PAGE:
It should go without saying that free trade devoid of protectionism is a truly great thing for the world’s productivity, and hence for the companies listed on our stock markets. In fact, a free trade agreement almost always benefits all parties in the long run, as it results in the more efficient use of capital as individual economies move further towards what they do best.
The trouble is, we keep getting sabre-rattling politicians who are clueless about economics and who think imposing trade barriers will actually help improve their countries’ wealth. It’s populist ‘blame the foreigners’ rhetoric, and it’s nonsense.
President Trump’s new tariffs on steel and aluminium are already resulting in retaliation, and the net result is more likely to be detrimental to America’s jobs market than beneficial as exports face extra pain.
And they’ll surely impact on the performance of our companies too. So what should we do, as investors, to protect ourselves?
The market is always right
Well, the first thing, as with almost every economic hurdle that comes along, is don’t panic! Margaret Thatcher, in one of her few utterances with which I fully agreed, famously said that if you try to buck the market, the market will buck you. And in the long-term, any new trade barriers will surely fall again as those imposing them are likely to suffer the most.
The markets will still be there and doing what they do best, long after Donald Trump’s economic policies have faded like the bad dreams they seem.
In fact, more than just not panicking, I say we should welcome such uncertain times, as uncertainty is anathema to institutional investors who are far too keenly focused on just this year’s, or even just the next quarter’s, performance.
Many of them will be less bullish, and short-term demand for stocks could well fall as the folks relying on portfolio-risk-balancing software go off and do mad things like buying more bonds, and even perhaps pointless shiny metals. And that could provide long-term private investors with better stock buying opportunities.
Which FTSE 100 stocks could become better bargains?
Some stocks to watch
Miners would seem like one obvious target, though ironically they’re often seen as defensive stocks for tough times. Rio Tinto, for example, produces a lot of iron and aluminium, but not in the US. In particular, Rio satisfies around a third of US aluminium demand. And though it has gained an exemption from US tariffs for imports of the ubiquitous metal from Canada, chief executive Jean-Sébastien Jacques has already voiced fears of Rio suffering in the event of an escalating trade war.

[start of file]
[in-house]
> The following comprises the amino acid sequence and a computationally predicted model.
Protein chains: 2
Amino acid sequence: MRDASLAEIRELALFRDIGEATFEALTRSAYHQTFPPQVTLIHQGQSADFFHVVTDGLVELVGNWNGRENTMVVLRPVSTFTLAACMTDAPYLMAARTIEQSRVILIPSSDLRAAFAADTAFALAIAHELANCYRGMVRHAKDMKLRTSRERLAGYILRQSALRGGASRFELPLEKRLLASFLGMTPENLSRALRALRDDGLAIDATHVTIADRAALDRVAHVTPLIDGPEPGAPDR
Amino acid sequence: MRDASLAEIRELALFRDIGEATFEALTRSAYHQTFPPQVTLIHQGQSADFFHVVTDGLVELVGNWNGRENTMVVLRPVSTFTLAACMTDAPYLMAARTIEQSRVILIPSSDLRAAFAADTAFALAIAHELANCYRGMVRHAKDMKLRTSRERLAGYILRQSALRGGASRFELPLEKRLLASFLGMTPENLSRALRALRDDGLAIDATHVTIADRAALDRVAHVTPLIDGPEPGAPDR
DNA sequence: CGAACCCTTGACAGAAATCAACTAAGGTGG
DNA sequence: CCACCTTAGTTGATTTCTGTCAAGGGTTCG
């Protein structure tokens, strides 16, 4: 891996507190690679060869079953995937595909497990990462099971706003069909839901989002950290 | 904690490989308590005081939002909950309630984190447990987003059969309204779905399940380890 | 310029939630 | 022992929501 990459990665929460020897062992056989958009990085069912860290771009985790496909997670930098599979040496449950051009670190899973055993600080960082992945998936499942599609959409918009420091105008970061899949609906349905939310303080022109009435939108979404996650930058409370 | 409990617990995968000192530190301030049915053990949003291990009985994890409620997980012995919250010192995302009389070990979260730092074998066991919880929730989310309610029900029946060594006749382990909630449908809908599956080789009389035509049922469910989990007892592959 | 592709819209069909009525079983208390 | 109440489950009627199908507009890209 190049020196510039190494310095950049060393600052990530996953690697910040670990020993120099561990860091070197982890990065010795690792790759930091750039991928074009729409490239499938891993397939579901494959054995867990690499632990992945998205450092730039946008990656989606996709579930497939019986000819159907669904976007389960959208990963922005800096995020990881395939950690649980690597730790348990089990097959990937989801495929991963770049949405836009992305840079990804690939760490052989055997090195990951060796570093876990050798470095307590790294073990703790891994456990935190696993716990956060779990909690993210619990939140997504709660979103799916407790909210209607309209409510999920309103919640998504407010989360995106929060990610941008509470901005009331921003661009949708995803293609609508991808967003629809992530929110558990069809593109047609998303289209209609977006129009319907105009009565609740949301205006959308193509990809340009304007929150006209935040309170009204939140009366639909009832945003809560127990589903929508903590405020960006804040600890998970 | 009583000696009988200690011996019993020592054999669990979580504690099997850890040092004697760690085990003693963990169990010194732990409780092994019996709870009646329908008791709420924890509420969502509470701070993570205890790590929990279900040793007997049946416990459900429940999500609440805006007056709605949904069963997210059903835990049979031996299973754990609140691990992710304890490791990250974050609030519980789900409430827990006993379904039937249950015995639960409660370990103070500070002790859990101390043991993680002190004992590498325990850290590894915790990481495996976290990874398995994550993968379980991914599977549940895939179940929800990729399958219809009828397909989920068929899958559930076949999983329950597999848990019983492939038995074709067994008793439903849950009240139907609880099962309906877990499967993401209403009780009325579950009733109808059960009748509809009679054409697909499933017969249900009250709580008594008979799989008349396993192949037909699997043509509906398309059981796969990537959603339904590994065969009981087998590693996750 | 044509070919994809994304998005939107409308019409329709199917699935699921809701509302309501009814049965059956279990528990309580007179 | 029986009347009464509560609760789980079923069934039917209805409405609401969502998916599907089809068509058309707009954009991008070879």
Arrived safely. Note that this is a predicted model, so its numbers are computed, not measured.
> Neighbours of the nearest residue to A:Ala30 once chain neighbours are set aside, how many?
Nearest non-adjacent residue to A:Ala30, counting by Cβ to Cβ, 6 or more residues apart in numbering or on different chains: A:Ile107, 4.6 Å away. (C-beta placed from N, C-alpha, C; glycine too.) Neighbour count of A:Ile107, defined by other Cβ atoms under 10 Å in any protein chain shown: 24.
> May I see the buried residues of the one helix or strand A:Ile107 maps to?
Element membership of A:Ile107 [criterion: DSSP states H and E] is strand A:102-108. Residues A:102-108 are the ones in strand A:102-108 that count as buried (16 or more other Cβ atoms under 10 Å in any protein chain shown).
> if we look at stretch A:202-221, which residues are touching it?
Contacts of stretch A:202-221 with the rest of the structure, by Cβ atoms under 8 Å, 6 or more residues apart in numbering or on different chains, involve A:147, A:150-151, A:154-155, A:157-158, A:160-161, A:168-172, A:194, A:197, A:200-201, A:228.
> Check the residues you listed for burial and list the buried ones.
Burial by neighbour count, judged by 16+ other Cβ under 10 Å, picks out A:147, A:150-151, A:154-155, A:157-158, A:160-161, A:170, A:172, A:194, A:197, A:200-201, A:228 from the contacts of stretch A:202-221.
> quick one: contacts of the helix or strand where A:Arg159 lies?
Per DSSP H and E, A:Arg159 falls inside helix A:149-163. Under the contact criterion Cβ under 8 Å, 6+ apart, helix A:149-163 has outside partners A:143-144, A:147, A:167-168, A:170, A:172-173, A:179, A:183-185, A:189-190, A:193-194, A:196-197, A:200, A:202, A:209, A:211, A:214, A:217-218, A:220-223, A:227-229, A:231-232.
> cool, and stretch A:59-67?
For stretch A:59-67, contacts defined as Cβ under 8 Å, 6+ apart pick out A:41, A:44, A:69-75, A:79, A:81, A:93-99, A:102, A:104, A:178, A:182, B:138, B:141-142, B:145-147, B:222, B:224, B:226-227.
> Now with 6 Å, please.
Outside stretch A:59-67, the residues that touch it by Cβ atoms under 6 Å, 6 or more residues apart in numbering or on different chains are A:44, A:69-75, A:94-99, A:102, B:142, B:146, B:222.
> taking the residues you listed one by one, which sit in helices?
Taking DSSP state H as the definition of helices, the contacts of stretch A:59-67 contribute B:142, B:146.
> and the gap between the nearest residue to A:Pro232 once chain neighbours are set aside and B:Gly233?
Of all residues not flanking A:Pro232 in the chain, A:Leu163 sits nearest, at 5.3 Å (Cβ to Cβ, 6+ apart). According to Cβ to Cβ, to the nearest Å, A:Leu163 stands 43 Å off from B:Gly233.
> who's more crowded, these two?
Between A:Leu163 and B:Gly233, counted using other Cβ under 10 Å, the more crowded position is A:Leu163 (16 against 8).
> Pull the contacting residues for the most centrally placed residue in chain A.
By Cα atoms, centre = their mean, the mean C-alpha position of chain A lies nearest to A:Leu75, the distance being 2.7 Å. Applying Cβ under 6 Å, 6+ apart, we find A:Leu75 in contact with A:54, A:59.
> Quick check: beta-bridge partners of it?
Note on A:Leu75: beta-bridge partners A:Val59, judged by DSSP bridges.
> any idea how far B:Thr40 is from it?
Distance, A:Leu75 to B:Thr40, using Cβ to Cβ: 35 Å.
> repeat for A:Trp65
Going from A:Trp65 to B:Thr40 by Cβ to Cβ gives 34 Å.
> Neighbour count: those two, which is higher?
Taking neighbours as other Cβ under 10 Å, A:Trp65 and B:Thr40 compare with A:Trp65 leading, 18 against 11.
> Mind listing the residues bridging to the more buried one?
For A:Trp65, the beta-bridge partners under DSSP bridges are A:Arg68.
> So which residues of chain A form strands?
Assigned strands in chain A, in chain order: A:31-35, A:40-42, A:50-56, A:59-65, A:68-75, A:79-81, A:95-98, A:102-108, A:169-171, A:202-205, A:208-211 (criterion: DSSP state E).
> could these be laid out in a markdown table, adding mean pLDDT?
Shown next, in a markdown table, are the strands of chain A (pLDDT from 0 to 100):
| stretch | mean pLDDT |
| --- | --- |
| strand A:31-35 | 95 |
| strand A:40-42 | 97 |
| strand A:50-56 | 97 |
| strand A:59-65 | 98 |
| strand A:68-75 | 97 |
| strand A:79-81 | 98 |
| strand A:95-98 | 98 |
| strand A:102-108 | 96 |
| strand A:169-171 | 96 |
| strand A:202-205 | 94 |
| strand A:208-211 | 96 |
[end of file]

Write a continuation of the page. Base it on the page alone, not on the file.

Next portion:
Rio’s share price is buoyant at the moment, but that could change.
Could BHP Billiton face similar problems? The company’s iron ore production all comes from outside of the US, from Brazil and Australia, two countries which don’t have the kind of arrangement enjoyed by Canada.
Should trade battles intensify, I can see the oil sector possibly being hit too. Although there’s no hint of tariffs on oil (which gas-guzzling America would probably find hard to swallow), any slowdown in international trade could well hit oil demand. And any reversal of oil’s recent price strength would not be good for oil shares.
If you invest in US stocks, manufacturers of global consumer brands could be hit by retaliatory tariffs — “Don’t want our steel? Well, we don’t want your Nike and your Starbucks.“
And given the global nature of engineering, aerospace and defence companies could eventually be hit too. Rolls-Royce does a fair bit of business in the US, and tariffs could harm its slow recovery. And BAE Systems gets an even bigger slice of its business from America.
Time to fill up?
For me, these are not companies to avoid, but ones to keep an eye on in case their shares do fall in the coming months. And then I think they could become better bargains for when the trade war inevitably subsides — remember what markets do to those who try to buck them?
Generally though, we should be rubbing our hands in keen anticipation of picking up some bargains that could help speed us to an even earlier retirement.
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Alan Oscroft has no position in any of the shares mentioned. The Motley Fool UK owns shares of and has recommended Nike and Starbucks. Views expressed on the companies mentioned in this article are those of the writer and therefore may differ from the official recommendations we make in our subscription services such as Share Advisor, Hidden Winners and Pro. Here at The Motley Fool we believe that considering a diverse range of insights makes us better investors.